Although there is more talk of demolition than of construction at the World’s Fair these days, a new feature being installed in the center of the Communications Building, suggesting the possibility that some day television may be a fertile field for amateurs.
Arthur H. Lynch, managing director of the W2USA Radio Club, a non-profit group interested in the operation of the Fair’s amateur station, explained yesterday that the new unit, a glass-walled booth with television equipment inside, probably would be dedicated at the Fair next Friday.
Mr. Lynch said that for the first time, in connection with the project, television would be transmitted and also received. The images at the Fair unit will be visible to Fair goers through the walls of the booth. The other terminus of the two-way circuit will be atop the building at 220 East Forty-second Street, from which point shots of the city will be made easily.
“We are doing with television exactly what amateurs do with telegraphy and telephony,” Mr. Lynch said. He added that he had become interested in the scheme at a trade show at Chicago last June, where the apparatus—previously described in three issues of QST, the monthly publication of the American Radio Relay League—was on display.
Mr. Lynch emphasized that the equipment was not the product of any one manufacturer any more than any “ham’s” radio apparatus. It had to be assembled, piece by piece, he added, with a new RCA iconoscope, or television tube, a key factor.
He said results as good as those of commercial television were not expected, but hoped the new unit would give the public an idea of how close television was to the hobby stage—and the licensed amateur a chance to Inspect the equipment inside the booth.
So far, Mr. Lynch said, he knew of only three amateurs who had comparable units of their own. He listed them as Phil Rand, operating W1IDM of Norwalk, Conn.; Lee Waller, W2BRO at Delawanna, N. J., and Dana Griffin, W2AOE at Irvington, N. J.
The Fair booth will be in charge of William A. Meissner, known to all fellow “hams” as W2DKJ. The Forty-second Street unit will be in charge of Fred Cusick. W2HID. Mr. Lynch operates W2DKJ at Garden City and plans to have a tele vision unit one of these days.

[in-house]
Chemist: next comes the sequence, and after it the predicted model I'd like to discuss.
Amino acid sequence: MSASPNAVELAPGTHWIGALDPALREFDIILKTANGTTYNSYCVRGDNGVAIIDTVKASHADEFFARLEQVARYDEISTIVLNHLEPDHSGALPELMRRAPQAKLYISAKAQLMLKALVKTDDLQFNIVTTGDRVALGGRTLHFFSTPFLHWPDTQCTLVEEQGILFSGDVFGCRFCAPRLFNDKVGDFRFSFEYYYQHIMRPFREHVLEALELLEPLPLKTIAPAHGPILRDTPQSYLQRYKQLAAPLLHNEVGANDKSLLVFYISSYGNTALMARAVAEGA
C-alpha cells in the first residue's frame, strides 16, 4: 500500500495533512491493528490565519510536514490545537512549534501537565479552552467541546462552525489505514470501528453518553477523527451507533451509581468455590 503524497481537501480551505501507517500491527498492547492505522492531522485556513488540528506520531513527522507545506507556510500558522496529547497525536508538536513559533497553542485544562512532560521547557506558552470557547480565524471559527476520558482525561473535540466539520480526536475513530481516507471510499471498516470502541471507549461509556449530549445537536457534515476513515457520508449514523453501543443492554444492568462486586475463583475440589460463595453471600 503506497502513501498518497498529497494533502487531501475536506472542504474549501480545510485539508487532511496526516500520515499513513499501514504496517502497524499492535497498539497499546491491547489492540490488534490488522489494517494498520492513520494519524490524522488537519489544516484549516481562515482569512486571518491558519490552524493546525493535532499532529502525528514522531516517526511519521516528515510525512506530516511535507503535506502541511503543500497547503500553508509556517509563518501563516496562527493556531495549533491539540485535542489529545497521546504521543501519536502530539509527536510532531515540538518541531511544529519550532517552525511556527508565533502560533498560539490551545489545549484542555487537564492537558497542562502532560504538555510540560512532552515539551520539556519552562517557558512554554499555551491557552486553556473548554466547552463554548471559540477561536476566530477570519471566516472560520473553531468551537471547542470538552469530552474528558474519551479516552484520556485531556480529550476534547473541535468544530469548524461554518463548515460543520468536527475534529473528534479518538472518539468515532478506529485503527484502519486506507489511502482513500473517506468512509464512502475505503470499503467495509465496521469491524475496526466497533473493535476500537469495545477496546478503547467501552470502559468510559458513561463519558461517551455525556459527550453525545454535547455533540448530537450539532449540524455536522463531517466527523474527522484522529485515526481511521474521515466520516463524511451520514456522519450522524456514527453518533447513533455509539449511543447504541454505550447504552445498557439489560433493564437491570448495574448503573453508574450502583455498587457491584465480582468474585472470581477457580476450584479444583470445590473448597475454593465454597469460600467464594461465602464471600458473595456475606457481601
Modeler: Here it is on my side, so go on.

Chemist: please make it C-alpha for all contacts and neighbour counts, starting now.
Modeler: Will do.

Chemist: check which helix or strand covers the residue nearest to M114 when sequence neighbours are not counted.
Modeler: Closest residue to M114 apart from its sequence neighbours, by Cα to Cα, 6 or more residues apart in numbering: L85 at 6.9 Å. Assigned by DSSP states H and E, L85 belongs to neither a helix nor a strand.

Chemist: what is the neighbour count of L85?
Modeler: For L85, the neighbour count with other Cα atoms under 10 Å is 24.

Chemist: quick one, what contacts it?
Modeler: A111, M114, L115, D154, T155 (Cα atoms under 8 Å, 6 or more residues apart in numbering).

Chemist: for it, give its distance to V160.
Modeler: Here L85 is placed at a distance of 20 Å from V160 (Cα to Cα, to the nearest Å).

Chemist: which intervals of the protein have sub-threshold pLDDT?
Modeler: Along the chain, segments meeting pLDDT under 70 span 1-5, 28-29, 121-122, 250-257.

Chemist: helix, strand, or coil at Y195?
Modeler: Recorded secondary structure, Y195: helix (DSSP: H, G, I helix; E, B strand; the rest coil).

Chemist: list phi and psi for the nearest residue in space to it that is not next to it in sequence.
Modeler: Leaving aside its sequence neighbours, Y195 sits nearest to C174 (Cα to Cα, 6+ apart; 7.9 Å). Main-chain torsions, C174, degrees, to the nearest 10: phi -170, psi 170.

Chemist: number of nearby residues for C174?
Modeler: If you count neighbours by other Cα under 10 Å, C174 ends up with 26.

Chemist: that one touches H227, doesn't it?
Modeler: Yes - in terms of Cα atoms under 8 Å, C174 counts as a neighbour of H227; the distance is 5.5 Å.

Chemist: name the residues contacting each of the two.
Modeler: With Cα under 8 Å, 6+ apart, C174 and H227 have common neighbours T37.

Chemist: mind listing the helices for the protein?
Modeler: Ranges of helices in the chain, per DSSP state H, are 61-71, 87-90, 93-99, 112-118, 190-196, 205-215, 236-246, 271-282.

The Fair contributed the space for the booth as well as installing the antennae and wiring. A group of six manufacturers paid other costs. It was understood the Fair planned a special ceremony for the opening of the little station. The W2USA license will expire with the Fair. (New York Times)
Saturday, September 21, 1940
The past week’s television shows at the Don Lee station, W6XAO, kept the drama students [of Jack Stern Studios] busy. Three out of the last four W6XAO telecasts included a “Jack Stern Presents” play. The first telecast was an original comedy with music, written and directed by Grace Hamilton, and featuring seven singing students, with Jack Stern at the piano. The singers were Jean Requa, Ellen Strong, Maizie Sharpe, Jill Howard, Tommy Batten and John Clark, CBS singer.
The second Stern telecast of the week was presented Tuesday . This was an original play, “One Man’s Destiny,” written by Allan Grayson, and featuring Frances McLester, Patricia Peters and Tom Farrel. The third telecast was “And One Was White,” by Allan Grayson, featuring Kati Maroon, Tanya and Ed Walsh, directed by Anthony Rivers and produced under the direction of Grace Hamilton. (Hollywood Citizen-News, Sep. 21)
Sunday, September 22, 1940
As a practical application of television, the complete schedule of home football games of the University of Pennsylvania will be televised this Fall by the Philco Radio and Television Corporation.